Lately my cat, Daisy, has me thinking about Al Gore. Daisy's not as young as she used to be. She lazes most hours on the rug in front of the woodstove, snuggled inside the cardboard lid to a ream of paper from Office Depot. The lid is now festooned with a homemade quilt draped over - get this! - the cushy stuffed sleeves of an old down coat. I'll admit it: Daisy is spoiled. She's also, according to the vet, dying. Her kidneys no longer function properly, so she needs to drink water constantly. None of this, so far, has to do with Al Gore. But this does: No housesitter on earth wants to lift an aging kitty cat to the kitchen faucet. So most of the time these days, my partner, Laurie, and I have to stay put.
Al Gore, by contrast, like most go-getters in the 21st century, is always traveling. He's in an airport or an automobile in nearly every non-lecture scene of An Inconvenient Truth. He's in Oslo. He's in Bali. I know, I know: He has to travel to get the word out about global warming. And he doesn't dare alienate his audience by suggesting they need to give anything up. He wants them to know that we can be better and smarter and still keep going, moving, doing whatever we want, whenever we want. Go, dog, go!
I'd be on the move, too, believe me, in a heartbeat. Except that I love this cat. No ski trips, beach-house rentals, spontaneous visits to old friends. All the trips I imagine as I flip through magazines stay right there, in my imagination. And maybe that's not such a bad thing.
When the vet diagnosed Daisy a few years ago, it cost us $500. Turns out that was the best investment we ever made. Since then, staying home has saved us thousands of dollars - maybe tens of thousands - in airplane tickets, rental cars, restaurant food, parking, entertainment, you name it. Our own private domestic economy, Laurie's and mine, is thriving during Daisy's illness, much like the stock market in wartime.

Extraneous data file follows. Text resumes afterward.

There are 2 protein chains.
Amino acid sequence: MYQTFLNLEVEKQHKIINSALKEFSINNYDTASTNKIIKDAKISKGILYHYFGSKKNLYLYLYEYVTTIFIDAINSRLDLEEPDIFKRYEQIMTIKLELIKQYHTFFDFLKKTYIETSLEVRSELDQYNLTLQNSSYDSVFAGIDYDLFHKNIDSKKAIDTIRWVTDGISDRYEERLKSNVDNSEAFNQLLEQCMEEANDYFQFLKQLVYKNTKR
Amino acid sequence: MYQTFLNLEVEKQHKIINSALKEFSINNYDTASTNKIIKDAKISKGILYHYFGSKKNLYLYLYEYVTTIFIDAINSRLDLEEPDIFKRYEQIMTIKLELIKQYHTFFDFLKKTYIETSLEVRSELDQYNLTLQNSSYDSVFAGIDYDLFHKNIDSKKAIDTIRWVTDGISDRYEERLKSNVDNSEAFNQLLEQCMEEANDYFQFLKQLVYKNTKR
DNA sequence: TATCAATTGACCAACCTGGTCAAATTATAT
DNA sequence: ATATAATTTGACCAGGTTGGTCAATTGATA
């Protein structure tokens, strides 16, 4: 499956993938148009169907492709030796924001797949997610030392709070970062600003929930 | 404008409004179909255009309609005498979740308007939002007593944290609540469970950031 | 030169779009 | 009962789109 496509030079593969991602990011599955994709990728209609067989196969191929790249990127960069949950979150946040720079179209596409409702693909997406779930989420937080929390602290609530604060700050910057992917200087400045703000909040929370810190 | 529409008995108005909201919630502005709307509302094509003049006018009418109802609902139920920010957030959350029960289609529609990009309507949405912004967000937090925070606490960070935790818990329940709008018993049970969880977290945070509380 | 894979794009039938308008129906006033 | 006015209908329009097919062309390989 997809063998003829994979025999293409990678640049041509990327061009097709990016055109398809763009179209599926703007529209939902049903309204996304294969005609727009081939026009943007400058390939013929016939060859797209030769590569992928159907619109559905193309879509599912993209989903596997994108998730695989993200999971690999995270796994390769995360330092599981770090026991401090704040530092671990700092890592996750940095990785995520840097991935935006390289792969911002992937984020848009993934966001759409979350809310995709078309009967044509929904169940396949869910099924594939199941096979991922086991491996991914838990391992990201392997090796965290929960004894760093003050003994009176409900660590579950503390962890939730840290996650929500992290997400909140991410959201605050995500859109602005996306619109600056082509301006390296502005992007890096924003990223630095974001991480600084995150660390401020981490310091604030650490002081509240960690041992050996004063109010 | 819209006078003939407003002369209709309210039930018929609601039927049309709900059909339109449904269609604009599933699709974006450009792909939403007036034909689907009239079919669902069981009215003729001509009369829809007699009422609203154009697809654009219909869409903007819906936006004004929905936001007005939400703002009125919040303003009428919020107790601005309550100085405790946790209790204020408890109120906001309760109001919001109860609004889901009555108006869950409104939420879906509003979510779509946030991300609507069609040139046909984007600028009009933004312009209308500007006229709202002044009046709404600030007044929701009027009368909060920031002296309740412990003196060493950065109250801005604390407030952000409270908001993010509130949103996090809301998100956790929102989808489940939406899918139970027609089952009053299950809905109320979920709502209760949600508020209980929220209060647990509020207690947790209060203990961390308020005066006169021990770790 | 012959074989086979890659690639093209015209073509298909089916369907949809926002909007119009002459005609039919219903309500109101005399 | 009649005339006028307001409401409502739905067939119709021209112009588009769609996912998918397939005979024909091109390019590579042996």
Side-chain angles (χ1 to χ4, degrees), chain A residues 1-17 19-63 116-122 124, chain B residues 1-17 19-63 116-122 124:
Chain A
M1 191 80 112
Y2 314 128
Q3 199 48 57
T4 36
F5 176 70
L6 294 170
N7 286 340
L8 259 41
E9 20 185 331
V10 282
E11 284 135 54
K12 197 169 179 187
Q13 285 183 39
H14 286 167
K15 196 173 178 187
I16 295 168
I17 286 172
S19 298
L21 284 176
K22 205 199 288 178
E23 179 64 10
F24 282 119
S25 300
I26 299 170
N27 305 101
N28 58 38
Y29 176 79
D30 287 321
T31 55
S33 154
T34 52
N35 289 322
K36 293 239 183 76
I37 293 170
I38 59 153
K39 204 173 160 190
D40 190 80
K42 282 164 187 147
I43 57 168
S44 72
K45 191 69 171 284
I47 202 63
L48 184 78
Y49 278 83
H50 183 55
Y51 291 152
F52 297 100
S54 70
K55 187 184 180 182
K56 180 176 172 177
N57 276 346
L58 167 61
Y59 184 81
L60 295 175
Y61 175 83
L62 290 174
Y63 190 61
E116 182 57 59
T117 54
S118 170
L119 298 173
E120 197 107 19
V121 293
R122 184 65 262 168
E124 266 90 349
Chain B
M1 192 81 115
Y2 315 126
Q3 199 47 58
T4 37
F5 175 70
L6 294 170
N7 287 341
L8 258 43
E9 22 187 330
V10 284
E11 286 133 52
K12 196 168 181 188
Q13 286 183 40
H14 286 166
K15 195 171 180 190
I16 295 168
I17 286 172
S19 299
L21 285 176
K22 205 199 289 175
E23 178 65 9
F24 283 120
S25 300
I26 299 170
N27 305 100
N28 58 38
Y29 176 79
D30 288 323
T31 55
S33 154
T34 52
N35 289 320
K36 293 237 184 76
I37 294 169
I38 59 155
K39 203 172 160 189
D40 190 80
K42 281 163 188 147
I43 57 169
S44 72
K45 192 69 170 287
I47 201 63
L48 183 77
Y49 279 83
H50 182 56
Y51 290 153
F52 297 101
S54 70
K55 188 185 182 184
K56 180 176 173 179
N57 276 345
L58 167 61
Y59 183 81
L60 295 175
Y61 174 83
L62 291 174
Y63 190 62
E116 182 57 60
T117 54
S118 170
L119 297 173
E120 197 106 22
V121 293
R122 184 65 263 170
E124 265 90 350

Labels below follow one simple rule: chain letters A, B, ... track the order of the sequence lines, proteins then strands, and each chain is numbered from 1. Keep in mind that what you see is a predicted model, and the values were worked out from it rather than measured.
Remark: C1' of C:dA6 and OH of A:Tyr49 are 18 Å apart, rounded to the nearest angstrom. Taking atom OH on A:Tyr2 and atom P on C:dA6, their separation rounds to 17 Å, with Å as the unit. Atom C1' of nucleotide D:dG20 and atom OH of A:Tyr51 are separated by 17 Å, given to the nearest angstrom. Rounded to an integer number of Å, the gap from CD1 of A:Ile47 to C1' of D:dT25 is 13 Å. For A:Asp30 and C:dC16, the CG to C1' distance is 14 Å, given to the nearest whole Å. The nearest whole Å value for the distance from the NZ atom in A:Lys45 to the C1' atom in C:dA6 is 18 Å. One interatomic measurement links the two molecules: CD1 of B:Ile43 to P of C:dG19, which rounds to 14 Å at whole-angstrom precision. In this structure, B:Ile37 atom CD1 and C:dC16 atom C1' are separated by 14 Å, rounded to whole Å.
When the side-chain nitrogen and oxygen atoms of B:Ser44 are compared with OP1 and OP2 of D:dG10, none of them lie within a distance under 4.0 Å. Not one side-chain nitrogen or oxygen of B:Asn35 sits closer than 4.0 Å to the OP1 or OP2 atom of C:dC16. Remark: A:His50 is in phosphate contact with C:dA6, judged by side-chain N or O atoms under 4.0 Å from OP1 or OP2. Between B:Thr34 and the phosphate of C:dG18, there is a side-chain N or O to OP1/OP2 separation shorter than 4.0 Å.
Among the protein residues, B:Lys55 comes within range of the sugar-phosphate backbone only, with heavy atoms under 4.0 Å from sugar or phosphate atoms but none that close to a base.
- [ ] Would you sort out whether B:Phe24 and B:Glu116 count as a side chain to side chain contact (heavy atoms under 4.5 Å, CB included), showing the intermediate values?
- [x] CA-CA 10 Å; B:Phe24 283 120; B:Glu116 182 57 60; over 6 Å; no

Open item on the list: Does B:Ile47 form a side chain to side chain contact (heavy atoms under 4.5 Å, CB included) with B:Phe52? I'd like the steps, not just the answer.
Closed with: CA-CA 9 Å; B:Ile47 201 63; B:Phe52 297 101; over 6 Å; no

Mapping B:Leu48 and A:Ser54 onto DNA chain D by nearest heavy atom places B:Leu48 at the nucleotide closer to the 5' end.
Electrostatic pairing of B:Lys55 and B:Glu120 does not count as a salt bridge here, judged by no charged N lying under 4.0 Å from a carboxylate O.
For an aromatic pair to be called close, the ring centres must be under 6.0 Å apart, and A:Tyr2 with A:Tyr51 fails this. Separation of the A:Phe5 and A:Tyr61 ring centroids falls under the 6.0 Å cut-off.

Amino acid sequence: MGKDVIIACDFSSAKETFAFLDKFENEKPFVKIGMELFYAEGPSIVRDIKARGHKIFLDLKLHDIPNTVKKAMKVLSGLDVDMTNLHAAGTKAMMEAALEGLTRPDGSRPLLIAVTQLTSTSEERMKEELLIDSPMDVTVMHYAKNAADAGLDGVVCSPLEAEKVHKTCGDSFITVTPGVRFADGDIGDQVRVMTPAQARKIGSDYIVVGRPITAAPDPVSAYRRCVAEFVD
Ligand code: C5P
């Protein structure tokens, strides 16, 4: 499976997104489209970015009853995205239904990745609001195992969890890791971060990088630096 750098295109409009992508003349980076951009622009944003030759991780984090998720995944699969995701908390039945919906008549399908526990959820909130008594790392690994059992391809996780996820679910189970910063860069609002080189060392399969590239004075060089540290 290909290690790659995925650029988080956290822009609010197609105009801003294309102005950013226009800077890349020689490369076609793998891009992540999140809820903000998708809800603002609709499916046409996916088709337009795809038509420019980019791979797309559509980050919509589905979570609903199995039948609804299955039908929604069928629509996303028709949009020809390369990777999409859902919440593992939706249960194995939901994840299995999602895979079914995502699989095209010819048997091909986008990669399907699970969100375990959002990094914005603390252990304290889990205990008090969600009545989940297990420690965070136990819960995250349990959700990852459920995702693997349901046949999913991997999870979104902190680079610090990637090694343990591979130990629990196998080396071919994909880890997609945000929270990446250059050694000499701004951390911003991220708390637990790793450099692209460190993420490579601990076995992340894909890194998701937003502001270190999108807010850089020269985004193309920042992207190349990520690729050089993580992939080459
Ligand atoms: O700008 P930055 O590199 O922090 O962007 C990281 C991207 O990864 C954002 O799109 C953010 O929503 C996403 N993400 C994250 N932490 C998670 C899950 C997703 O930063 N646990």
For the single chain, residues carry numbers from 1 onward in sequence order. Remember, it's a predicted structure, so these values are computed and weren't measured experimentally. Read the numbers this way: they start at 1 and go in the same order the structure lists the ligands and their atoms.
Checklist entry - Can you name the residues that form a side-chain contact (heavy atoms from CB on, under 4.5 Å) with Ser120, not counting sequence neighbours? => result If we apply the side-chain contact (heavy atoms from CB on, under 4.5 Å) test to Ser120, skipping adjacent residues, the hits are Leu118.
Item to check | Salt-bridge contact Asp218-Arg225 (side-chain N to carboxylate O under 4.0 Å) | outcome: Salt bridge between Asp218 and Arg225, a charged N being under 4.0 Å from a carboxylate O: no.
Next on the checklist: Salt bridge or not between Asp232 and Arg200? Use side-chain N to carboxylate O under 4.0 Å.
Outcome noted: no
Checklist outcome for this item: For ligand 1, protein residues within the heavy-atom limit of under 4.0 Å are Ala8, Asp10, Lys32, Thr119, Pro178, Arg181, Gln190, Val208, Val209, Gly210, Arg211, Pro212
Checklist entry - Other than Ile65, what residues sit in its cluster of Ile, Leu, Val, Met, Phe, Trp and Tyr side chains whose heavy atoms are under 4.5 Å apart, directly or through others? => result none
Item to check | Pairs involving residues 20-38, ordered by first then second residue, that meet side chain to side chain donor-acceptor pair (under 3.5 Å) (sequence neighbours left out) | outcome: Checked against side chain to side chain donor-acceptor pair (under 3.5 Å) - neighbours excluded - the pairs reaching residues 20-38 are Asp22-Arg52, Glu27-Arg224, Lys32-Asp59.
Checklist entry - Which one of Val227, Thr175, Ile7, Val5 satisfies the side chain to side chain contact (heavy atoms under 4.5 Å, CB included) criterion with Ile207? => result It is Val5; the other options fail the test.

And, of course, staying home saves greenhouse gas emissions, tons of them. Al Gore would not argue the point. Jet fuel sends 600 million tons of CO2 into the atmosphere every year, the same as the whole African continent combined. A one-way flight from Seattle to Washington, D.C., uses 29 gallons of jet fuel per passenger. Just driving over the mountains from here to Seattle in our Toyota takes 24 gallons of gas. Our carbon footprint, thanks to the cat, has shrunk considerably. But there's more.
Staying put is like staying in love. It requires patience and slow-moving attention to home: to leaves turning, shadows shifting, neighbors feuding, faucets leaking, pipes freezing, watching the sunrise through the kitchen window. And the pleasures, too, fall more under comfort than exuberance: long walks, long sleep, long talks, long silences.
When I did get away last year, for a weeklong writing retreat, one facilitator grew animated over beer.
"Which do you think is more important: to travel internationally or to travel domestically?" she asked the small late-night crowd. I knew what she was getting at. People, Americans especially, need to see the world, our own country included, to understand difference and ecology, to be rightly humbled by want in the face of our own opulence. Meanwhile, as we travel, we are speeding fast, packing light, gazing at strangers, and then staring inward at our own selves, at our own continual-motion belly buttons. We meet a few people, we admire a few landscapes or pictures in museums. Then we move on. The people may be fascinating, the landscapes lovely, but they require no long-term maintenance. Short-attention-span connections. Short-attention-span landscapes.
"I think it might be most important to stay home," I said.
The room went silent. I knew what the looks meant: Forget it. You're crazy!
And maybe I am. Maybe it's the misguided ascetic in me, always too eager to believe that if I just give up some pleasure, the world will be a better place. Maybe the answer does lie in better technology, better legislation, as Al Gore suggests, wheeling his luggage through airport after airport. Besides, it's my nature to prefer solitude and slowness. If someone told me over late-night beer that I should never take a long walk again, that walking is bad for the environment, bad for humanity, morally wrong, I'd say: Forget it. So I understand why Al Gore hesitates to tell people to stay put.
But I don't mind throwing the idea out there: Along with designing better hydrogen fuel cells and planting more trees and voting our hearts out, it might help, every now and then, to just stay home and pet the cat.
Ana Maria Spagna is the author of Now Go Home: Wilderness, Belonging, and the Crosscut Saw.